Medieval Writing
The History of b (2)

From the 12th century on, English document hands underwent a series of stylistic changes, with the eventual development of recognisable house styles for certain writing establishments.

protogothic b In the formal protogothic document hands of the 12th century, the slightly curved and pointed ascender of b adds to the distinctive spiky appearance.
protogothic b This example is from a less formally scribed writ of the reign of Henry II, with a more casual appearance, but the same tall ascender.
Gothic document b During the 13th century, the forms of the smaller letters tended to become closer to that of Gothic textura book hand, while the document hands were differentiated from these by tall curvy ascenders on the long letters.
cursiva anglicana b The more rounded and curly cursive document hand known in England as cursiva anglicana, which first appeared in the 13th century, introduced some variants on the treatment of ascenders.
cursive document b Large loopy ascenders could have a spilt back, as in this formal ecclesiastical charter.
chancery b In the formal English chancery hand of the 13th century, based on cursiva anglicana, calligraphic flourish could be introduced with elaboratly split ascenders. This was sometimes, but not always, done with b.
document cursive b Less formally penned documents, such as the early 13th century writ from which this letter derives, could display less fulsome loops and less precise closure of the loops.
French cursive b French documentary scripts also used the looped b, as in this 14th century example.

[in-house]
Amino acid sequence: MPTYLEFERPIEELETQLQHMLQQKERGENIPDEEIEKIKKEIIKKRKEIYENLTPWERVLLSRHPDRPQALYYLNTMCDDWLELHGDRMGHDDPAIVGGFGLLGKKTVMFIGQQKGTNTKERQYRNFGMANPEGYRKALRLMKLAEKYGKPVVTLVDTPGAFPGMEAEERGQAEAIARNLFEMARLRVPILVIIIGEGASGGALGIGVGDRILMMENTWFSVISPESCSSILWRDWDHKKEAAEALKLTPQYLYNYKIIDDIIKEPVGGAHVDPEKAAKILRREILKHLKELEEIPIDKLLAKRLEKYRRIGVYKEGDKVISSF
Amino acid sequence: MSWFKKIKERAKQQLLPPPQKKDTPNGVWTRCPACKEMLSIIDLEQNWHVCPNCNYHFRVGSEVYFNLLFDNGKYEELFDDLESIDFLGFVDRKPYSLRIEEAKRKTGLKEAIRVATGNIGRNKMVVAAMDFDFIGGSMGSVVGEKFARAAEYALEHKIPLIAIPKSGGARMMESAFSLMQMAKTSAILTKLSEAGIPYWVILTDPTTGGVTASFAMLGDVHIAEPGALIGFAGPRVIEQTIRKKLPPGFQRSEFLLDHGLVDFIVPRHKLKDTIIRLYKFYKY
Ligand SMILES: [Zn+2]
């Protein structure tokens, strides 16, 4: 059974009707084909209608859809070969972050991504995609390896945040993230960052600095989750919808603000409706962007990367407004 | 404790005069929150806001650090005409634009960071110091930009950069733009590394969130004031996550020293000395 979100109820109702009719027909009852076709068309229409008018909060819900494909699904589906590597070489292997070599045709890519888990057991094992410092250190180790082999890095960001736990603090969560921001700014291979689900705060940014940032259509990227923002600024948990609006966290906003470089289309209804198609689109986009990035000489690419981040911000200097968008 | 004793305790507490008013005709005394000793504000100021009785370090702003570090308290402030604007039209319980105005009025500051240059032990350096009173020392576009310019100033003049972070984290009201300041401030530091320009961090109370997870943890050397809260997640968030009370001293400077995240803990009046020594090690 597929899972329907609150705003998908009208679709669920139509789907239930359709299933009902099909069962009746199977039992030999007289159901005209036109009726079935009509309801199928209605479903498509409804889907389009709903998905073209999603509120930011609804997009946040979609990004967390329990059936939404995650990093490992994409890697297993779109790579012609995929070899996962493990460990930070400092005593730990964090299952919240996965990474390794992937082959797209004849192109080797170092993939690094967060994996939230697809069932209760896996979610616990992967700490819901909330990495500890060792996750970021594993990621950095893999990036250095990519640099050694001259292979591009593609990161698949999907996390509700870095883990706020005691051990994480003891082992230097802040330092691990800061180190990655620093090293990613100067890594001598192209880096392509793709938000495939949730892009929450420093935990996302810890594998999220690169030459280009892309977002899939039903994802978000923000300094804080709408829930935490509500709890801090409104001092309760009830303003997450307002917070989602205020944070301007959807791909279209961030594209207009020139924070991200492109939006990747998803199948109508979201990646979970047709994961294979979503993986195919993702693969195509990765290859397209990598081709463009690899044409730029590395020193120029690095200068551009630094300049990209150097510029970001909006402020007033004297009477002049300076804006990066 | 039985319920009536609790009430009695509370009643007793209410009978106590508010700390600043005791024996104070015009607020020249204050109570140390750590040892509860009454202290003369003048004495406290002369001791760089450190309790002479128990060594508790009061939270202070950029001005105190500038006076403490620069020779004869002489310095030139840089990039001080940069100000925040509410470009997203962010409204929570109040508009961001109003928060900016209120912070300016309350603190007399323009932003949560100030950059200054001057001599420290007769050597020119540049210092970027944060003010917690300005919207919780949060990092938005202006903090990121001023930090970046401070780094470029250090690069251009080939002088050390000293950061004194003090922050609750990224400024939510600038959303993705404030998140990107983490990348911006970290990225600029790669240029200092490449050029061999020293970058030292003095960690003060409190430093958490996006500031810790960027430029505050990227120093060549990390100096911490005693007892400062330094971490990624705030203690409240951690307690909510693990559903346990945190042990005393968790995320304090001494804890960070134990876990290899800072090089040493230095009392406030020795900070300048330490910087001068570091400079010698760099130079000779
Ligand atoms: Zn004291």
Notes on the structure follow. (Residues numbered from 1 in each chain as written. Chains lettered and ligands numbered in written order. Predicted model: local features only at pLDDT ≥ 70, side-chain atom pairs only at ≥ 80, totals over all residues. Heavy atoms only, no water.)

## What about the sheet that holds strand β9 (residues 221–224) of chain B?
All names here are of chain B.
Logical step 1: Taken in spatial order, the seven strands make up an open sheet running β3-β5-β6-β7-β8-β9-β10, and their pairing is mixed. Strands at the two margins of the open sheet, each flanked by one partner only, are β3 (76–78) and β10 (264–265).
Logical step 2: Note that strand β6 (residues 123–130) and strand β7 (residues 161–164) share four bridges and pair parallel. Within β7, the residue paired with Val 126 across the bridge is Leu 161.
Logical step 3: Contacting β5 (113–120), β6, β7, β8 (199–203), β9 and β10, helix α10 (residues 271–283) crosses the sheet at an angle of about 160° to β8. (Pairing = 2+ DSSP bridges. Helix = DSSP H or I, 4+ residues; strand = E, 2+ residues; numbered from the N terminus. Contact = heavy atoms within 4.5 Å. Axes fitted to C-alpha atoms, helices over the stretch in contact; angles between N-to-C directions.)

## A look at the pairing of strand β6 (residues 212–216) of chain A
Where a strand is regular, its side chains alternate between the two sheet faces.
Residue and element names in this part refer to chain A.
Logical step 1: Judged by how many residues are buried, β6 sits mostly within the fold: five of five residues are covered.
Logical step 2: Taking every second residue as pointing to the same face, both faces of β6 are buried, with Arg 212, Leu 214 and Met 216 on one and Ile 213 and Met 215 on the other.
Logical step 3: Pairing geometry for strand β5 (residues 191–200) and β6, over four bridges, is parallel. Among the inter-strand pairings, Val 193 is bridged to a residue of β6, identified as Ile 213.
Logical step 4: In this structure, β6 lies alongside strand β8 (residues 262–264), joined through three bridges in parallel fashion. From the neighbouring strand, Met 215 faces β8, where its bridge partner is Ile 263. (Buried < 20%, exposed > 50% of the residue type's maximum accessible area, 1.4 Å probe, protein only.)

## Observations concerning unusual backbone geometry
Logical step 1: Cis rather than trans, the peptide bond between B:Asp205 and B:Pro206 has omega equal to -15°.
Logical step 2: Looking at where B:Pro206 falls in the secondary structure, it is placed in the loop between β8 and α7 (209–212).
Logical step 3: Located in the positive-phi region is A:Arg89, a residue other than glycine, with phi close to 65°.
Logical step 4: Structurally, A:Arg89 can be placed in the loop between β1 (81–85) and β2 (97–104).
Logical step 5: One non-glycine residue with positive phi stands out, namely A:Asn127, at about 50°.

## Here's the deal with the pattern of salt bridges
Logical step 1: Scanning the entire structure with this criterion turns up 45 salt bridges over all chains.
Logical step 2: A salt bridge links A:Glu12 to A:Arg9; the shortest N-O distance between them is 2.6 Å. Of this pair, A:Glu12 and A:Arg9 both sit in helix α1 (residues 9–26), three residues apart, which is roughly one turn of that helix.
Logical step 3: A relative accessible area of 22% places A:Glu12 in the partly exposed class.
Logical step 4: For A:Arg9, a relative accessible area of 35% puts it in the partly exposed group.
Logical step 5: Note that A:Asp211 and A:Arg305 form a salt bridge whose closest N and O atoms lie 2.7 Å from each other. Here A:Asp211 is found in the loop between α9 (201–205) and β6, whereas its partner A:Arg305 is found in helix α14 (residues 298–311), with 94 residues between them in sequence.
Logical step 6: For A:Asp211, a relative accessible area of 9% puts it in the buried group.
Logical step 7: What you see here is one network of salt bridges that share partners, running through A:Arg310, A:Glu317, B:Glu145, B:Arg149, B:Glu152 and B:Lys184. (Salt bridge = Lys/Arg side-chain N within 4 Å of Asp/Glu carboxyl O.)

English cursive b These styles of script could also be used as a book hand. In this early 14th century English example, the double loops are not quite closed, giving an appearance somewhat like a safety pin.
cursive document b These two examples from English 15th century charters show how the form of b settled into two simple closed loops, utilising a more genuinely cursive form that did not require pen lifts to create tricky effects on the ascenders.
cursive document b
batarde b The French bâtarde script, shown here as a formal 15th century book hand, also has a looped b. In this example of a rather fiddly script, the letter is shaped into some rather awkward angles.
chancery b The later English chancery hand, as shown here from an Elizabethan document of conservative penmanship, made the closed loop tall and angular rather than rounded.

Humanistic scripts restored the basic forms of Caroline minuscule.

humanistic b This is a very pure and simple form from a 15th century Italian book hand.
late humanistic b After the advent of printing, some handwritten humanistic scripts emulated the more upright forms of printed typefaces, as in this 16th century example.
As you can see, the changes to the form of b over the centuries have largely been cosmetic, although there are multiple variations. You can usually recognise a b when you see one, so if you are looking at an unknown document that looks like an incomprehensible mass of squiggles, find yourself a b to use as a starting point.
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Histories of Individual Letters

History of Scripts
What is Paleography?

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